Fred MacMurray (1908-1991) was a popular movie star during Hollywood’s Golden Age. He was so popular, that in 1943, MacMurray was the highest paid movie star in the world. For most of his career, MacMurray played likeable characters in comedies, musicals, and dramas. The few times MacMurray played heavies or bad guys, he surprised audiences and impressed the critics. In the 1960s and 1970s, MacMurray was America’s favorite dad on TV’s My Three Sons.
Born Frederick Martin MacMurray in Kankakee, Illinois. His parents, Frederick MacMurray and Maleta Martin, eventually settled in Beaver Dam, Wisconsin, where Martin was born.
Music Scholar and Broadway Star
MacMurray studied music in school and was talented enough to win a full scholarship to Carroll College in Waukesha, Wisconsin. In the early 1930s, he was part of an orchestra. He eventually ended up on Broadway working alongside the likes of Sydney Greenstreet and Bob Hope. In 1934, he signed with Paramount where he was groomed for movie stardom. In 1935, MacMurray appeared in seven movies, starring opposite some of the most popular leading actresses of the day, including Claudette Colbert and Katharine Hepburn. But it was his star turn opposite Carole Lombard in Mitchell Leisen’s Hands Across the Table that made him a bonafide movie star.
Box Office Success
Hands Across the Table was a breakthrough for both Lombard and MacMurray. The Lombard-MacMurray on-screen chemistry was a big hit with movie audiences. Paramount was quick to capitalize on their popularity by costarring them in three more films over the next two years. Lombard and MacMurray starred in two majors successes in 1937, Swing High, Swing Low (Paramount’s biggest success that year) and True Confession. Had it not been for Lombard’s untimely death in 1942, there might have been more pairings.
A “Paramount” Leading Man
During the late 1930s and 1940s, Paramount cast MacMurray opposite all of it’s top female stars, including Marlene Dietrich, Paulette Goddard, and Barbara Stanwyck. MacMurray starred with Stanwyck in the Preston Sturges-scripted, Mitchell Leisen-directed classic, Remember the Night (1940), but it would be 1944’s Double Indemnity that would forever link the two together.
Cast against type as insurance salesman Walter Neff by director Billy Wilder, MacMurray showed a darker side the public had not seen before. Playing opposite Stanwyck as Phyllis Dietrichson and Edward G. Robinson as Barton Keyes, MacMurray, who was topped billed, more than held his own. The film was a hit with the public and most critics of the day. Over the years, the film’s reputation has grown. In 2007, the American Film Institute ranked Double Indemnity 29 on its list of the 100 best American Films, which was nine spots higher than when the poll was taken in 1998.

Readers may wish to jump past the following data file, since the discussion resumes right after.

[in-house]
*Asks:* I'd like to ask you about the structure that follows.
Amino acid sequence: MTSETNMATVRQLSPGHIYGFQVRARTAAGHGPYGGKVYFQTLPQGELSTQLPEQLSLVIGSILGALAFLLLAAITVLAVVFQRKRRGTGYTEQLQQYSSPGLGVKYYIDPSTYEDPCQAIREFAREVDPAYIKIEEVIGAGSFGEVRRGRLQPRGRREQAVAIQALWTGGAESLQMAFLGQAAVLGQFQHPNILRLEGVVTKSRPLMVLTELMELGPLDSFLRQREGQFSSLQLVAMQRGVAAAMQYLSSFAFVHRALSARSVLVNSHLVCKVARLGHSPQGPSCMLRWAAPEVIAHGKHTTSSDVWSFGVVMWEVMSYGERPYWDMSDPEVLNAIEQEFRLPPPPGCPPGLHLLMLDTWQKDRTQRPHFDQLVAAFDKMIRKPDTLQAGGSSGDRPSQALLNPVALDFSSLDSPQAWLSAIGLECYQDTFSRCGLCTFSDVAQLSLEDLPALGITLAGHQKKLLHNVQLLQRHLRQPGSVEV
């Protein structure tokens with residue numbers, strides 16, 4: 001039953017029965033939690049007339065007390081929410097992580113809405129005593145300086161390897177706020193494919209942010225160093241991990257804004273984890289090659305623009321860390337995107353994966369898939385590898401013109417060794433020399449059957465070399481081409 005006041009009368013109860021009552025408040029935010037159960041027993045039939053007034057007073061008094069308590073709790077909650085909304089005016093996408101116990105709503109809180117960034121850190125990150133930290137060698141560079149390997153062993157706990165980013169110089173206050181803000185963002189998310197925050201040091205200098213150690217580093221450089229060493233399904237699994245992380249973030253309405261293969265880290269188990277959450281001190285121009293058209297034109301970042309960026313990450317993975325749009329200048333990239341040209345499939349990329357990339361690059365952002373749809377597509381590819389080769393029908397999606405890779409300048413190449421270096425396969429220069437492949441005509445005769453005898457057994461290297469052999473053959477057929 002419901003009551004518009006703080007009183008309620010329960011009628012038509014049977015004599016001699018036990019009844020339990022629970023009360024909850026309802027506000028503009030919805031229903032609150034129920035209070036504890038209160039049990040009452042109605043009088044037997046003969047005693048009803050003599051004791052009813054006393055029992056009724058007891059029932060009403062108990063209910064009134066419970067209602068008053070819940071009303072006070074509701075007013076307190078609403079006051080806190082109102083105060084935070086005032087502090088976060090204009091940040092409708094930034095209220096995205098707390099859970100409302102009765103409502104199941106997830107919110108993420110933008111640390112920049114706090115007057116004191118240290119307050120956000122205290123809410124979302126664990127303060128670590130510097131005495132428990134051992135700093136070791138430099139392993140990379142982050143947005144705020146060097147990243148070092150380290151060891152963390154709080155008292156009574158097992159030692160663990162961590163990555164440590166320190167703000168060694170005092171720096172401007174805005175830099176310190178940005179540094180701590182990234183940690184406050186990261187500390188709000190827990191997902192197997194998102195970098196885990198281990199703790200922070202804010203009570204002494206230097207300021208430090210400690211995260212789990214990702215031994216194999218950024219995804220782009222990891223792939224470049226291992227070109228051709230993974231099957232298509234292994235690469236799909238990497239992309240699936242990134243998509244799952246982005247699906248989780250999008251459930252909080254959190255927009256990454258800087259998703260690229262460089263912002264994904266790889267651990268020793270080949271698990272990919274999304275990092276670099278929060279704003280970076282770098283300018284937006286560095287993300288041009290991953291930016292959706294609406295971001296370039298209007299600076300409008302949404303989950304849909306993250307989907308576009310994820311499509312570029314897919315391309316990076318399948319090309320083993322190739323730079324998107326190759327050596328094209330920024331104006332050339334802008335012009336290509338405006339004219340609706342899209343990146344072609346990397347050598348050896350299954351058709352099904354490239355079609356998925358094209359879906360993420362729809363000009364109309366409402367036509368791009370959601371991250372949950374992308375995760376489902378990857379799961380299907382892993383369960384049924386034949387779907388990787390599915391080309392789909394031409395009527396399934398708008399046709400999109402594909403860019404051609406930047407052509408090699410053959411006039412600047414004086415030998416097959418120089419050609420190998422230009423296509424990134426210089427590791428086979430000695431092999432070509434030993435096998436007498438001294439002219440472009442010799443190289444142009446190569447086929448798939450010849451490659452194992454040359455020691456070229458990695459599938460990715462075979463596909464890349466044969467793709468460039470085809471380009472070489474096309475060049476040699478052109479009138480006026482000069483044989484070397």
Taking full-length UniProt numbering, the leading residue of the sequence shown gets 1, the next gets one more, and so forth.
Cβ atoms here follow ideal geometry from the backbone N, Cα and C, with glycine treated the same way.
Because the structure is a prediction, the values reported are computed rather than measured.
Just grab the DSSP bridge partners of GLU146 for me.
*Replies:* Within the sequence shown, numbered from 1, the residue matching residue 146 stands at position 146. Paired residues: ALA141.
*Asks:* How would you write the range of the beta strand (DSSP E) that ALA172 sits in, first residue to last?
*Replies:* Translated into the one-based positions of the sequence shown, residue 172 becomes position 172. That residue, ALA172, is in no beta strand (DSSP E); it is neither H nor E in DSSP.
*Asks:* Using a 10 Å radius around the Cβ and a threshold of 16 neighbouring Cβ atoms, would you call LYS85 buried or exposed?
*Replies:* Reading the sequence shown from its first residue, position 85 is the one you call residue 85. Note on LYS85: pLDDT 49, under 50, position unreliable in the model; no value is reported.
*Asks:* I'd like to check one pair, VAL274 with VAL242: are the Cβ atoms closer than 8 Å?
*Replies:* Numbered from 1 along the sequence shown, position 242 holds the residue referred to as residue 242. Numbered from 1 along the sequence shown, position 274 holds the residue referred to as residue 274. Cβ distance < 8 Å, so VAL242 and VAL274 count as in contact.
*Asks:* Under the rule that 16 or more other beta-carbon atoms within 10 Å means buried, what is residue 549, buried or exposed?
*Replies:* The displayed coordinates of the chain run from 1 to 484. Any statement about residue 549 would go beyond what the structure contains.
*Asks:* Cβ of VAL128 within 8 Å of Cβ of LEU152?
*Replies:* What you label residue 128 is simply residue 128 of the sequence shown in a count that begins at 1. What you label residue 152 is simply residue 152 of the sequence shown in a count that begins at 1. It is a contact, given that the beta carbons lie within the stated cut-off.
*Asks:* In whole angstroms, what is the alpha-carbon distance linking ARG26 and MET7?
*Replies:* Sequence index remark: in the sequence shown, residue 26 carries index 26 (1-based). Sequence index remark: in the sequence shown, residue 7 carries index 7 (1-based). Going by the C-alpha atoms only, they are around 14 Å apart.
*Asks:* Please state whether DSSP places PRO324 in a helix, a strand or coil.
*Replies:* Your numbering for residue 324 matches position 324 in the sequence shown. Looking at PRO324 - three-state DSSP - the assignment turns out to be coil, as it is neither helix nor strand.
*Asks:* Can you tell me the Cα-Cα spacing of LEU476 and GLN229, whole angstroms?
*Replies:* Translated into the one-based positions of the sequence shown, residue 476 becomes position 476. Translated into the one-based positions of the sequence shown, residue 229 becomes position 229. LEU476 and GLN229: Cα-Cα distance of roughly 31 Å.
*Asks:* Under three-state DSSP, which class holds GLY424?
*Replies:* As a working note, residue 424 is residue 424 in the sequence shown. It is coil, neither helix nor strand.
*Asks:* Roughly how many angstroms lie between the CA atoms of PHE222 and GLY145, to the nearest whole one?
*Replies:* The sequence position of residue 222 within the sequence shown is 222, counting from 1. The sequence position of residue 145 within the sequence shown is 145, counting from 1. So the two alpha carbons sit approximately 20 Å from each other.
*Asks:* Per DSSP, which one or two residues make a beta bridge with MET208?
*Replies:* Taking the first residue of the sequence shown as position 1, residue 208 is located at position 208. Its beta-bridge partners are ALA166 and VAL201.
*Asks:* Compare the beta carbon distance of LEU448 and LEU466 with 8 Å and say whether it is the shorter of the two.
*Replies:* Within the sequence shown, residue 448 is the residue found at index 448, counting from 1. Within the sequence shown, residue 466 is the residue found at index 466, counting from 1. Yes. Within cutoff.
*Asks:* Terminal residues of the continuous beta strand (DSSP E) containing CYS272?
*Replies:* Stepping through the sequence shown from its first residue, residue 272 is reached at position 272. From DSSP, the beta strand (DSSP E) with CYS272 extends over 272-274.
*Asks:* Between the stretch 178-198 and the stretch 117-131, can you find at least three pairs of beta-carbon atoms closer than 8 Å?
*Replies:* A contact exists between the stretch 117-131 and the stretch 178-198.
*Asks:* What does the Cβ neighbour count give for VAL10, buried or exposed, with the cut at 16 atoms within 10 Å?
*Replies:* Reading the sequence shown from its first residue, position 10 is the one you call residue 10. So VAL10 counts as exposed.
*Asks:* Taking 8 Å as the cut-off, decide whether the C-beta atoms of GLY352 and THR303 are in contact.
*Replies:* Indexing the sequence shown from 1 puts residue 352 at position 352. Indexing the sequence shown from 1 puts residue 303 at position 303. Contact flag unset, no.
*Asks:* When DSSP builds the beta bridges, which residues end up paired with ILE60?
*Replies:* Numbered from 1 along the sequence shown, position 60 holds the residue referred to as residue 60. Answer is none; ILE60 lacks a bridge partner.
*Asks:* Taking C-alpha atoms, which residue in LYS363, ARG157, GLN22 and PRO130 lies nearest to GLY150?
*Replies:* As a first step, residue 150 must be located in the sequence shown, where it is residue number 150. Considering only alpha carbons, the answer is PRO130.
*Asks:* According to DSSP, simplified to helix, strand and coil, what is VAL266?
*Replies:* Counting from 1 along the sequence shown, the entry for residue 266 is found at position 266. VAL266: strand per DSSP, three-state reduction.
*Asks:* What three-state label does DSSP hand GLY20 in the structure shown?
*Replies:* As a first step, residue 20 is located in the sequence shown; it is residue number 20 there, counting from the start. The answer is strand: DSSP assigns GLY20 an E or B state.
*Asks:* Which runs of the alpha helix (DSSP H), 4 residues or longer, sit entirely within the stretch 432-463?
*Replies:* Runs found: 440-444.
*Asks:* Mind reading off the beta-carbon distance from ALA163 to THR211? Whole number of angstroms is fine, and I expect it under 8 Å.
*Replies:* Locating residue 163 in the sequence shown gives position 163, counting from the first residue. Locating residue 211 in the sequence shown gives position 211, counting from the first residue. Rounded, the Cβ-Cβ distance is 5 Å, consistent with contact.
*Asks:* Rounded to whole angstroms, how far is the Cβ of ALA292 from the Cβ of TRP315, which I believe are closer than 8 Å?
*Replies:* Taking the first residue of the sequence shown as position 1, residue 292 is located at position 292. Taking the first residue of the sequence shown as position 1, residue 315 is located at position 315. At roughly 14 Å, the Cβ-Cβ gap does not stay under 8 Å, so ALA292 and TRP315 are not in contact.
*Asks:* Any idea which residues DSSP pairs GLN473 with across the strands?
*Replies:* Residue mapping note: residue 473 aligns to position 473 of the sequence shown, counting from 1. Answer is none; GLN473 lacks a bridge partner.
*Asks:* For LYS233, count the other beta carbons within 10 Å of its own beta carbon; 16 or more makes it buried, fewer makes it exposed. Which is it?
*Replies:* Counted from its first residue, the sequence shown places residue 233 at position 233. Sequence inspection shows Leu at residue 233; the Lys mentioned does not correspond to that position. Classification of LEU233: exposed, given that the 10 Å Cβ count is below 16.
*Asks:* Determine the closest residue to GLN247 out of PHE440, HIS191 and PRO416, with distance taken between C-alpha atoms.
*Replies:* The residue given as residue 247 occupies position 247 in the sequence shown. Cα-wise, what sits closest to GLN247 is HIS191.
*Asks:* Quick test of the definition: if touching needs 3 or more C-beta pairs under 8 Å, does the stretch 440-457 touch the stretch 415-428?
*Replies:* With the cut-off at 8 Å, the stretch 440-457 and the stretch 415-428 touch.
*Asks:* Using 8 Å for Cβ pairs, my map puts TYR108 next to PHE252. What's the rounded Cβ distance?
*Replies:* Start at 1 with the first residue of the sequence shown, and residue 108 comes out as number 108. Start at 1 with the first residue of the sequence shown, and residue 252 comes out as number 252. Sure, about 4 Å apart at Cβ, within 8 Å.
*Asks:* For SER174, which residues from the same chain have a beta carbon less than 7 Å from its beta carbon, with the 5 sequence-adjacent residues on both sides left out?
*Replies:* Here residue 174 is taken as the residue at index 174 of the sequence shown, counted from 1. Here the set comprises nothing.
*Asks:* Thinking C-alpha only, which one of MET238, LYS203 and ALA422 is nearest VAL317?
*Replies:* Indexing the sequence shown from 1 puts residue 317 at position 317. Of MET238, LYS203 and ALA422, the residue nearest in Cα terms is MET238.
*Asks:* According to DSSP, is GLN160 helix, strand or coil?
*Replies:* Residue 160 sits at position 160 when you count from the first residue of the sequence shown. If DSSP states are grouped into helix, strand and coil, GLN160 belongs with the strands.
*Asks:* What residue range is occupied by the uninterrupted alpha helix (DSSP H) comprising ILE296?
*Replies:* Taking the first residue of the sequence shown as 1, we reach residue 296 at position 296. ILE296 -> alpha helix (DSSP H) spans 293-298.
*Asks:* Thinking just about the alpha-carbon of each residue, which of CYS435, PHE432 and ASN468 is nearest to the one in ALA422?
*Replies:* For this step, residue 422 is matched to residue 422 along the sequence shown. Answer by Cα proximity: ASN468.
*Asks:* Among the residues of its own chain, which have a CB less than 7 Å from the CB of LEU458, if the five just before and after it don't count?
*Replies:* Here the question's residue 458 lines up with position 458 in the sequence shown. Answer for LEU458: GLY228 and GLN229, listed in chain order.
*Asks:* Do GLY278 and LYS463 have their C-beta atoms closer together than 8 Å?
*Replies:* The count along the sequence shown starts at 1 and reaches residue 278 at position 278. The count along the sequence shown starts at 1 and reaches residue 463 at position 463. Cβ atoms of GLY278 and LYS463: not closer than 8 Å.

MacMurray continued his winning streak throughout the 1940s. He developed a reputation around Paramount as the perfect leading man. Never overpowering the leading lady, MacMurray costarred in seven films with Colbert, four with Stanwyck as well as starring in several films with Goddard and Madeleine Carroll. MacMurray could carry a film on his own as evidenced by the successful Murder, He Says (1945), directed by George Marshall.
A Turn in the Road
In 1953, his wife of 17 years passed away, leaving him with two children: 13-year old Susan and seven-year-old Robert. The following year, he married June Haver; they adopted twin daughters Katherine and Laurie in 1956. During the mid-1950s, MacMurray, like James Stewart, stayed busy starring in mostly western movies. As the 1950s came to an end, MacMurray’s career took yet another turn.
In 1959, Walt Disney tapped MacMurray for a starring role in The Shaggy Dog. The low-budget film was a monster hit for the studio, which led to the title role in The Absent-Minded Professor in 1961 and its sequel, Son of Flubber in 1963. Disney’s top director, Robert Stevenson (Jane Eyre, Mary Poppins), turned both films into box office gold.
Wilder Called Again
Director Billy Wilder called on MacMurray once again to play against type in 1960’sThe Apartment. Starring alongside Jack Lemmon and Shirley MacLaine, MacMurray played wife-cheating executive Jeff D. Sheldrake. His performance was jarring to many filmgoers, who were now used to his persona as a Disney star. The Apartment would be the last film in which he would play a heel.
Along with his new career at Disney, MacMurray entered series television in 1960 starring as widowed father Steve Douglas on My Three Sons. One of the most popular TV series of all time, it ran for 12 years and cemented MacMurray’s place in American popular culture. MacMurray, always the shrewd businessman, arranged his TV filming schedule so he could continue making films. Between 1959-1973, MacMurray starred in seven movies for Disney, with Charley and the Angel (1973) being his last.
MacMurray had a natural, comfortable acting style that was often overlooked. His comedic timing was as good as anyone’s and his dramatic performances gain new respect and appreciation with each passing year. In 1987, MacMurray was the first person honored as a Disney Legend. A true movie legend, MacMurray earned his star on the Hollywood Walk of Fame.
Trivia: MacMurray worked with two of his My Three Sons co-stars long before the series debuted. William Frawley, who played grandfather Bub, co-starred alongside MacMurray in The Princess Comes Across (1936). And William Demarest, who replaced the ailing Frawley as Uncle Charley, was one of Carole Lombard’s prospective boyfriends in Hands Across the Table (1935).
Stephen Reginald is a freelance writer, editor, and consultant. A long-time amateur student of film, Reginald was the original host for “Meet Me at the Movies,” a monthly classic movie event held in his South Loop Chicago neighborhood. Reginald also teaches adult education classes at Facets Film School in Chicago. For more information, visit Classic Movie Man and South Loop Connection.